Campus Honeymoon is a 1948 American comedy film directed by Richard Sale and written by Jerome Gruskin and Richard Sale. The film stars Lyn Wilde, Lee Wilde, Adele Mara, Richard Crane, Hal Hackett and Wilson Wood. The film was released on February 1, 1948, by Republic Pictures.
His published works, all of which he illustrated himself with sketches of his characters and their situations, are noted for their quirky humor, the lively immediacy with which he portrays a moment in time, and the often touching characterizations of people whom St. George obviously knew well.[ citation needed ]
In 1945, at the end of World War II, St. George married a WAC (Women's Army Corps) Staff Sergeant from Philadelphia, whom he had met in Brisbane, Australia during the war. They had four children. His first wife died in 1994, his son died in 2004 and his second wife died in 2014. His three daughters now live in Wisconsin, in Maine, and in England. St. George resided in the Rochester, Minnesota area in his later years.
The Women's Army Corps (WAC) was the women's branch of the United States Army. It was created as an auxiliary unit, the Women's Army Auxiliary Corps (WAAC) on 15 May 1942 by Public Law 554, and converted to an active duty status in the Army of the United States as the WAC on 1 July 1943. Its first director was Oveta Culp Hobby, a prominent woman in Texas society. The WAC was disbanded in 1978, and all units were integrated with male units.
Philadelphia, sometimes known colloquially as Philly, is the largest city in the U.S. state and Commonwealth of Pennsylvania, and the sixth-most populous U.S. city, with a 2017 census-estimated population of 1,580,863. Since 1854, the city has been coterminous with Philadelphia County, the most populous county in Pennsylvania and the urban core of the eighth-largest U.S. metropolitan statistical area, with over 6 million residents as of 2017. Philadelphia is also the economic and cultural anchor of the greater Delaware Valley, located along the lower Delaware and Schuylkill Rivers, within the Northeast megalopolis. The Delaware Valley's population of 7.2 million ranks it as the eighth-largest combined statistical area in the United States.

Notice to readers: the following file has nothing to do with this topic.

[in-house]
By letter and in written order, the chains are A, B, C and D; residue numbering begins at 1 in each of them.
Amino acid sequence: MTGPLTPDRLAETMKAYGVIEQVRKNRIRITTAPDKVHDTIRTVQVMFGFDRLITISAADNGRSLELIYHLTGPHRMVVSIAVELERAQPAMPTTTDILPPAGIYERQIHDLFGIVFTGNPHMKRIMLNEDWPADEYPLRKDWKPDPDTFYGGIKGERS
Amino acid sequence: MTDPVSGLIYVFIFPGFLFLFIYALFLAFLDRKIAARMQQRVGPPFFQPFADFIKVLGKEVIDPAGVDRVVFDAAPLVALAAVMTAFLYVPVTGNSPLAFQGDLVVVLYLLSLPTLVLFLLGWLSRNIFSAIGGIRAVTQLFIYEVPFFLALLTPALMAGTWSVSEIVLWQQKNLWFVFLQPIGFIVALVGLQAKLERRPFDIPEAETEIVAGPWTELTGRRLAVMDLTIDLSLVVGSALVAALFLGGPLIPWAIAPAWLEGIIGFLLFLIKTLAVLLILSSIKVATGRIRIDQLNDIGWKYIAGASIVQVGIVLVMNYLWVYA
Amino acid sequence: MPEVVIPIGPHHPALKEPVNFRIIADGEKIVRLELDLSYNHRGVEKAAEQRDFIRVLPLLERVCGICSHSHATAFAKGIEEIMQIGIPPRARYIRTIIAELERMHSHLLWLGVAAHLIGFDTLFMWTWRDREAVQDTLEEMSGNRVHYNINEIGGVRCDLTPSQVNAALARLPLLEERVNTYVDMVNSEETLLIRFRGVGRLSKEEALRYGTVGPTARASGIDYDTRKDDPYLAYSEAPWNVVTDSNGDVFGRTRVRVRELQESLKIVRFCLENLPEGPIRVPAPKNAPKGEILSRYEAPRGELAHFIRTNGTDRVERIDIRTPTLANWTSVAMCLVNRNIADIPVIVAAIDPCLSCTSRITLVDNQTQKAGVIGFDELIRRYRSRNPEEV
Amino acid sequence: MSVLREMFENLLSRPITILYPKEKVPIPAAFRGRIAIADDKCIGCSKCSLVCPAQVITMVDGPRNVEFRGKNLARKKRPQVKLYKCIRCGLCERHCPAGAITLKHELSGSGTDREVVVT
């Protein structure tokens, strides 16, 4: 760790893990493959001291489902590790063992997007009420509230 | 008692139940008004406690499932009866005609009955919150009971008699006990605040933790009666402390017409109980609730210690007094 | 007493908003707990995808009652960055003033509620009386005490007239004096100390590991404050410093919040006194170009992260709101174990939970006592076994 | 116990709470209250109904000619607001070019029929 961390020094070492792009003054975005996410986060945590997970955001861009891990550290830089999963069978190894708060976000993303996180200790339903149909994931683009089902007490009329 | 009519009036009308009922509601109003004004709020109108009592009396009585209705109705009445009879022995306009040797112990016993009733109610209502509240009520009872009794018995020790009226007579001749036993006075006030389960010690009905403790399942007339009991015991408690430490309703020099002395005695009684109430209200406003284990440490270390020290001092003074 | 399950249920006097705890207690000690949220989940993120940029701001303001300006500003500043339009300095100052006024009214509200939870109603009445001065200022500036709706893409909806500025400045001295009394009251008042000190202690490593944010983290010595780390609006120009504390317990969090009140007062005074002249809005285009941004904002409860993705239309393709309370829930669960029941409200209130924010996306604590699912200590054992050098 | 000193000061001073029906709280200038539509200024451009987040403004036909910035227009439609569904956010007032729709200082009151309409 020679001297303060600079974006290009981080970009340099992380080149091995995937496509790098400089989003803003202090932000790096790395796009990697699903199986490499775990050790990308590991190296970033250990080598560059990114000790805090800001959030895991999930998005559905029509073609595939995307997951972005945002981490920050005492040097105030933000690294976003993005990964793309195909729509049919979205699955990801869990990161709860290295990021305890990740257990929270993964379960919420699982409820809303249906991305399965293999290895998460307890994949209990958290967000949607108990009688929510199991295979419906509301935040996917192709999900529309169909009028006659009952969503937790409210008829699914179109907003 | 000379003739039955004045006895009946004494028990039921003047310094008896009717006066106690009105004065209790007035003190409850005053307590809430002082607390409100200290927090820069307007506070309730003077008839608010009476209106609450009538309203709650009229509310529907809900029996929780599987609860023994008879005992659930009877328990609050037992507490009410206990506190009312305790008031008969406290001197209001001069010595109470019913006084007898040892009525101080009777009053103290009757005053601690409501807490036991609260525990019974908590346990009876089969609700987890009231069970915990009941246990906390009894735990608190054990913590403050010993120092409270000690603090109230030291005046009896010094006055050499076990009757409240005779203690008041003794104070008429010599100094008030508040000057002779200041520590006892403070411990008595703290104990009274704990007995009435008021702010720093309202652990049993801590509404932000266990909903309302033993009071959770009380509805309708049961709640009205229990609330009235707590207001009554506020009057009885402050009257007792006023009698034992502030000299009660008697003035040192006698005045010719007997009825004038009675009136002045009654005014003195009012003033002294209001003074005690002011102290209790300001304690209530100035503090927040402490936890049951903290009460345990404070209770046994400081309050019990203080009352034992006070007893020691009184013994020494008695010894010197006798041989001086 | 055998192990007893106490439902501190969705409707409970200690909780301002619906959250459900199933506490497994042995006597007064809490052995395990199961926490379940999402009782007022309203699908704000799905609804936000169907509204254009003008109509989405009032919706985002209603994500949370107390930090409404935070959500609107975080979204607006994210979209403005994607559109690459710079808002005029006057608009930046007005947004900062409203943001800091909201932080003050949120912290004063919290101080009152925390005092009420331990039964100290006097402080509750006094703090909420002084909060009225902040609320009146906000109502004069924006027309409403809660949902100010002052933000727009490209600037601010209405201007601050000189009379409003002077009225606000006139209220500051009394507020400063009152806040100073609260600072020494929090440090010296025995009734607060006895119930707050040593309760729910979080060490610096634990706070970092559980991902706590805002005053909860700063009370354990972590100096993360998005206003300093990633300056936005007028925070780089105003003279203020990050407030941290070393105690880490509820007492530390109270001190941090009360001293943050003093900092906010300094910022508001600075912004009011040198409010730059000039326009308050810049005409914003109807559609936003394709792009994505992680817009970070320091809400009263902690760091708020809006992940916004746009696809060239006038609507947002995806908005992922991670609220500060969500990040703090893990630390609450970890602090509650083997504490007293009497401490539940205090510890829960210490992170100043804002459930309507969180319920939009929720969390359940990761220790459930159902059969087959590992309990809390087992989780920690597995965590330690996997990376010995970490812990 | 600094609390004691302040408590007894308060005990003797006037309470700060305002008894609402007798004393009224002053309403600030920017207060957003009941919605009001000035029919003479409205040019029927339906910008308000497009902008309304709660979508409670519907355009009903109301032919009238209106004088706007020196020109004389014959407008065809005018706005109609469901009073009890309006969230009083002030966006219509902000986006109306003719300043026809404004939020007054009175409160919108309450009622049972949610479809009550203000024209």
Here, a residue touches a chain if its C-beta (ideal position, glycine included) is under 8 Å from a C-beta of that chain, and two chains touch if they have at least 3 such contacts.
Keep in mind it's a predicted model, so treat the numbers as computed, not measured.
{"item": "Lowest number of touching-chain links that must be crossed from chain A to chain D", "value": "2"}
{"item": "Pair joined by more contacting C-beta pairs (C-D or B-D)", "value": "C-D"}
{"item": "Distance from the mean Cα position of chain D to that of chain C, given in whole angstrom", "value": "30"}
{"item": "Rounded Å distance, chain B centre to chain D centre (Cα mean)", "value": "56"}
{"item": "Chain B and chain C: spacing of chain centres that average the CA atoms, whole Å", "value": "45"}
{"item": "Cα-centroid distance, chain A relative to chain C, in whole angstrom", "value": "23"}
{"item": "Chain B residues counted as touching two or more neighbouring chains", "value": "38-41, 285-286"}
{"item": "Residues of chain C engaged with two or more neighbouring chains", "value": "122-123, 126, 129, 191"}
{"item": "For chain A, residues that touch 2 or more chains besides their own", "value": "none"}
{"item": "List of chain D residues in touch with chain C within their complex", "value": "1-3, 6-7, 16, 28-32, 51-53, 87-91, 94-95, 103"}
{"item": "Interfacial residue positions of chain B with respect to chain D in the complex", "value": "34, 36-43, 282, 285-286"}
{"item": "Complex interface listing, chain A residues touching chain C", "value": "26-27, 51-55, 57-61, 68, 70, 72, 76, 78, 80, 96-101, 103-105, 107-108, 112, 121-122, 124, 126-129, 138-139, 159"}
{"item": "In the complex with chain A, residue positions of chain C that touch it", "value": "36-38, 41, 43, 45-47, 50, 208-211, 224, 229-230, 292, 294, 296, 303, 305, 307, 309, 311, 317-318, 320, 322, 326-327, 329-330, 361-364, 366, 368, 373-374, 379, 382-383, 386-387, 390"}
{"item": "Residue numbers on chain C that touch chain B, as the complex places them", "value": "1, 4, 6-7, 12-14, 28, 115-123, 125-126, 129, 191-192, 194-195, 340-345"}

Rochester is a city founded in 1854 in the U.S. State of Minnesota and is the county seat of Olmsted County located on the Zumbro River's south fork in Southeast Minnesota. It is Minnesota's third-largest city and the largest city located outside the Minneapolis-St. Paul Metropolitan Statistical Area. As of 2015, the Rochester metropolitan area has a population of 215,884. According to the 2010 United States Census the city has a population of 106,769. The U.S. Census Bureau estimated that the 2017 population was 115,733. It is the home of the Mayo Clinic and formerly, one of IBM's largest facilities. The city has long been rated as one of the best places to live in the United States by multiple publications such as Money.
Cecil Louis Troughton Smith, known by his pen name Cecil Scott "C. S." Forester, was an English novelist known for writing tales of naval warfare such as the 12-book Horatio Hornblower series, depicting a Royal Navy officer during the Napoleonic wars. Two of the Hornblower books, A Ship of the Line and Flying Colours, were jointly awarded the James Tait Black Memorial Prize for fiction in 1938. His other works include The African Queen.
The Chicago American was an afternoon newspaper published in Chicago, Illinois, under various names until 1974.
The Twin Cities Pioneer Press (formerly the St. Paul Pioneer Press is a newspaper based in Saint Paul, Minnesota, primarily serving the Twin Cities metropolitan area. Circulation is heaviest in the eastern metro region, including Ramsey, Dakota, and Washington counties, along with western Wisconsin, eastern Minnesota and Anoka County, Minnesota. The paper's main rival is the Star Tribune, based in neighboring Minneapolis. The Pioneer Press has been owned by MediaNews Group since April 2006.